For example, in a series of recent white papers, Internet technology giant
Cisco urges these companies to "meter individual subscriber usage by
application," as individuals' online travels are "tracked" and "integrated
with billing systems."
Such tracking and billing is made possible
because they will know "the identity and profile of the individual
subscriber," "what the subscriber is doing" and "where the subscriber
Will Google, Amazon and the other companies
successfully fight the plans of the Bells and cable companies? Ultimately,
they are likely to cut a deal because they, too, are interested in
monetizing our online activities. After all, as Cisco notes, content
companies and network providers will need to "cooperate with each other to
leverage their value proposition."
They will be drawn by the ability of cable and
phone companies to track,
"content usage...by subscriber," and where
their online services can be "protected from piracy, metered, and
Our Digital Destiny
It was former FCC chairman Michael Powell, with the support of
then-commissioner and current chair Kevin Martin, who permitted phone
and cable giants to have greater control over broadband. Powell and his GOP
majority eliminated longstanding regulatory safeguards requiring phone
companies to operate as nondiscriminatory networks (technically known as
He refused to require that cable companies, when
providing Internet access, also operate in a similar nondiscriminatory
manner. As Stanford University law professor Lawrence Lessig has long
noted, it is government regulation of the phone lines that helped make the
Internet today's vibrant, diverse and democratic medium.
But now, the phone companies are lobbying Washington to kill off what's left
of "common carrier" policy. They wish to operate their Internet services as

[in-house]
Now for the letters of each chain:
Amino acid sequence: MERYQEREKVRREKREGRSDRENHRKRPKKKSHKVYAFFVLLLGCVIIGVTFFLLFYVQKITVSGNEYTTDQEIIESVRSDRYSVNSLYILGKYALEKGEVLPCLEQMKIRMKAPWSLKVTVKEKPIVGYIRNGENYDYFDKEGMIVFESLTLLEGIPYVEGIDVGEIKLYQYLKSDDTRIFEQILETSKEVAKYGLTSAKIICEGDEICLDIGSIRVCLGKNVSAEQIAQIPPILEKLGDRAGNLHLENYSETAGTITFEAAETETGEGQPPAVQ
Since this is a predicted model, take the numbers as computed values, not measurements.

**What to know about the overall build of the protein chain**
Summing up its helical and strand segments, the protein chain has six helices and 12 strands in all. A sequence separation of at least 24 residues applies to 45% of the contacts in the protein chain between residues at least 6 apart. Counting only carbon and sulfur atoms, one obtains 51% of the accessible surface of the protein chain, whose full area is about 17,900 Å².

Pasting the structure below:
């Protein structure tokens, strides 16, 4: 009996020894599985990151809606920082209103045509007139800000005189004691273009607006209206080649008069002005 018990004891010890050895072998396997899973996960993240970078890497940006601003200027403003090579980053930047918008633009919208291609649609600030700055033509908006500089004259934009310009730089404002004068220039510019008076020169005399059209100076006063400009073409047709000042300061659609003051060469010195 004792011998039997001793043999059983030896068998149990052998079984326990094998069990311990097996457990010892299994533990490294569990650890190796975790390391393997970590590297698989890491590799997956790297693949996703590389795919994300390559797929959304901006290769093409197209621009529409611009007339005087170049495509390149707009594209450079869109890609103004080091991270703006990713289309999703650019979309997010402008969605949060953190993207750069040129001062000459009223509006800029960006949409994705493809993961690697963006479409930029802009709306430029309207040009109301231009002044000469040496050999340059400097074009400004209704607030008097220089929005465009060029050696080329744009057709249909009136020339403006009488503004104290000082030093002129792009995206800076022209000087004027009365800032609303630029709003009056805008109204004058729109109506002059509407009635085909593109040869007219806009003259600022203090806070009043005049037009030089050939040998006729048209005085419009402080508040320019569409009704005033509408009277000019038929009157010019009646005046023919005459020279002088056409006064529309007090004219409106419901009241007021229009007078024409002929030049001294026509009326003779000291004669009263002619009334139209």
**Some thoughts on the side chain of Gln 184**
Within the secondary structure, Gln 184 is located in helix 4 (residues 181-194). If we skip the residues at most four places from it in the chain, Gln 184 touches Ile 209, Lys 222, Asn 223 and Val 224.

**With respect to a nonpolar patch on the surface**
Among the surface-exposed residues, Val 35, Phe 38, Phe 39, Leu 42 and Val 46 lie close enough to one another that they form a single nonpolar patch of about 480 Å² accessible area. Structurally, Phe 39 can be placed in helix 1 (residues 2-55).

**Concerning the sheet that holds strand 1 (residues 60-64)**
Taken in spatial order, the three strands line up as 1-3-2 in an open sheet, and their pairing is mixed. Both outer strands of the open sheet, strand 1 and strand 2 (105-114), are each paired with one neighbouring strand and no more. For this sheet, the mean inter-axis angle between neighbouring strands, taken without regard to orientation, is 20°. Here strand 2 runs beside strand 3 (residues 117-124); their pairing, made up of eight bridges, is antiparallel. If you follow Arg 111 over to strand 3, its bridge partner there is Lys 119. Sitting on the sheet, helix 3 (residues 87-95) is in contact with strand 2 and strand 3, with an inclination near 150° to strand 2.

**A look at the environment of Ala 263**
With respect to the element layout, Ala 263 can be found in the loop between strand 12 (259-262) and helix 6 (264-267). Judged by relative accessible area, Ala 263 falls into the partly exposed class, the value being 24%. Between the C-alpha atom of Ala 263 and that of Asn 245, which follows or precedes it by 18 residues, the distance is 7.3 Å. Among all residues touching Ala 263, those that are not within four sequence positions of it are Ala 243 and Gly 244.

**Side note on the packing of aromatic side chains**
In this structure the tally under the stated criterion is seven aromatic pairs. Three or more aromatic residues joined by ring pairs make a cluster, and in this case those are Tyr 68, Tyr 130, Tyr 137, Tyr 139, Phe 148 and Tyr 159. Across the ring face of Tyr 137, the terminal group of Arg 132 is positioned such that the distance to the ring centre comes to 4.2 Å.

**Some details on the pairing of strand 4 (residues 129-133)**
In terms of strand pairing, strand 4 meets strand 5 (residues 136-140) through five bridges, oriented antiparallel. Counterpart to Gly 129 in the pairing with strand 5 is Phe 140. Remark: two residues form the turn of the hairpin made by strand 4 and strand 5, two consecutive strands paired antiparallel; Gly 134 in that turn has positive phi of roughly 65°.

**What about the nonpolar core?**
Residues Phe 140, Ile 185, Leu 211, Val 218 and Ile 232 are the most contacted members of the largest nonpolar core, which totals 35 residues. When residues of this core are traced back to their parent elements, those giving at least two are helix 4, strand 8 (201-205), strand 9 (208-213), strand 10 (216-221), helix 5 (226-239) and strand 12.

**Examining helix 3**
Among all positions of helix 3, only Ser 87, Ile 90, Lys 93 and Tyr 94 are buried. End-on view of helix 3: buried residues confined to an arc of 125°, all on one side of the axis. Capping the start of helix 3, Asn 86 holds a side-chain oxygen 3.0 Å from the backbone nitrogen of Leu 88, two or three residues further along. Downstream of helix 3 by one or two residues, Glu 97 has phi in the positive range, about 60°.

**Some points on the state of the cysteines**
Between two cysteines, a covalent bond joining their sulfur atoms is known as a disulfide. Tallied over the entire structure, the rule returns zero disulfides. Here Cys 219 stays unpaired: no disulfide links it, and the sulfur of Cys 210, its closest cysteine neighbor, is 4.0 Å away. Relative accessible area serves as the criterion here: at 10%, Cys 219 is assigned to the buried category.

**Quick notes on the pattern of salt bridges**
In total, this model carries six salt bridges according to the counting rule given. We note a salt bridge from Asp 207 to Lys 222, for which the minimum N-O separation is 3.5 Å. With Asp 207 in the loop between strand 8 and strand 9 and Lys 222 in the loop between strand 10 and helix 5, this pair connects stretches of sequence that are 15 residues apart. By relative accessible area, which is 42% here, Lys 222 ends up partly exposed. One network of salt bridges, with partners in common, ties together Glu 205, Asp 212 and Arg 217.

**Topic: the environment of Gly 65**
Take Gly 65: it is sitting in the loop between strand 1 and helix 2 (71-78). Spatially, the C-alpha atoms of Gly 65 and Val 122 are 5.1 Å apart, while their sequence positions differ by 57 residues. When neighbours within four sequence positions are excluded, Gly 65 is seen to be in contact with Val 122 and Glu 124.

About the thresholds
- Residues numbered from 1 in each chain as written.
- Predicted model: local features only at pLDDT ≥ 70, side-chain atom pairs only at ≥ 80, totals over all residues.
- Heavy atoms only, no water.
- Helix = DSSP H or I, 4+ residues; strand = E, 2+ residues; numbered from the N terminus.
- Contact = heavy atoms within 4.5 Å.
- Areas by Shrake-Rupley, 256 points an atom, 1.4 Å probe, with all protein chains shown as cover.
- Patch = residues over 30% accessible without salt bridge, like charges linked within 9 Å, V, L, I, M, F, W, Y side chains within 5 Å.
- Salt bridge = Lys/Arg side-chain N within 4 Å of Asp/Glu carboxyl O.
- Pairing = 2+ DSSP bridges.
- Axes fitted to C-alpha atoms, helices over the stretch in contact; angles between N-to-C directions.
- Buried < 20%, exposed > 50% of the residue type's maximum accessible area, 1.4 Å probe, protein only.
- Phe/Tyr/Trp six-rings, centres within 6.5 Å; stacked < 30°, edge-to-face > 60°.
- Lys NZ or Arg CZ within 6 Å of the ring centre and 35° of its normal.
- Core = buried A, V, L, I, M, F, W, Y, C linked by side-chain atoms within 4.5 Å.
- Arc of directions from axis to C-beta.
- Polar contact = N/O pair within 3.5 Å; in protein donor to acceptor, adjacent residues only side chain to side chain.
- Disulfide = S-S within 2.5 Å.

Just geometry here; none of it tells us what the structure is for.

fully "private" networks. Phone and cable companies claim that the
government shouldn't play a role in broadband regulation: Instead of the
free and open network that offers equal access to all, they want to reduce
the Internet to a series of business decisions between consumers and
Besides their business interests, telephone and cable companies also have a
larger political agenda. Both industries oppose giving local communities the
right to create their own local Internet wireless or wi-fi networks.
They also want to eliminate the last vestige of
local oversight from electronic media - the ability of city or county
government, for example, to require telecommunications companies to serve
the public interest with, for example, public-access TV channels. The Bells
also want to further reduce the ability of the FCC to oversee communications
They hope that both the FCC and Congress - via a
new Communications Act - will back these proposals.
The future of the online media in the United States will ultimately depend
on whether the Bells and cable companies are allowed to determine the
country's "digital destiny." So before there are any policy decisions, a
national debate should begin about how the Internet should serve the public.
We must insure that phone and cable companies operate their Internet
services in the public interest - as stewards for a vital medium for free
If Americans are to succeed in designing an equitable digital destiny for
themselves, they must mount an intensive opposition similar to the
successful challenges to the FCC's media ownership rules in 2003.
Without such a public outcry to rein in the
GOP's corporate-driven agenda, it is likely that even many of the Democrats
who rallied against further consolidation will be "tamed" by the well-funded
lobbying campaigns of the powerful phone and cable industry.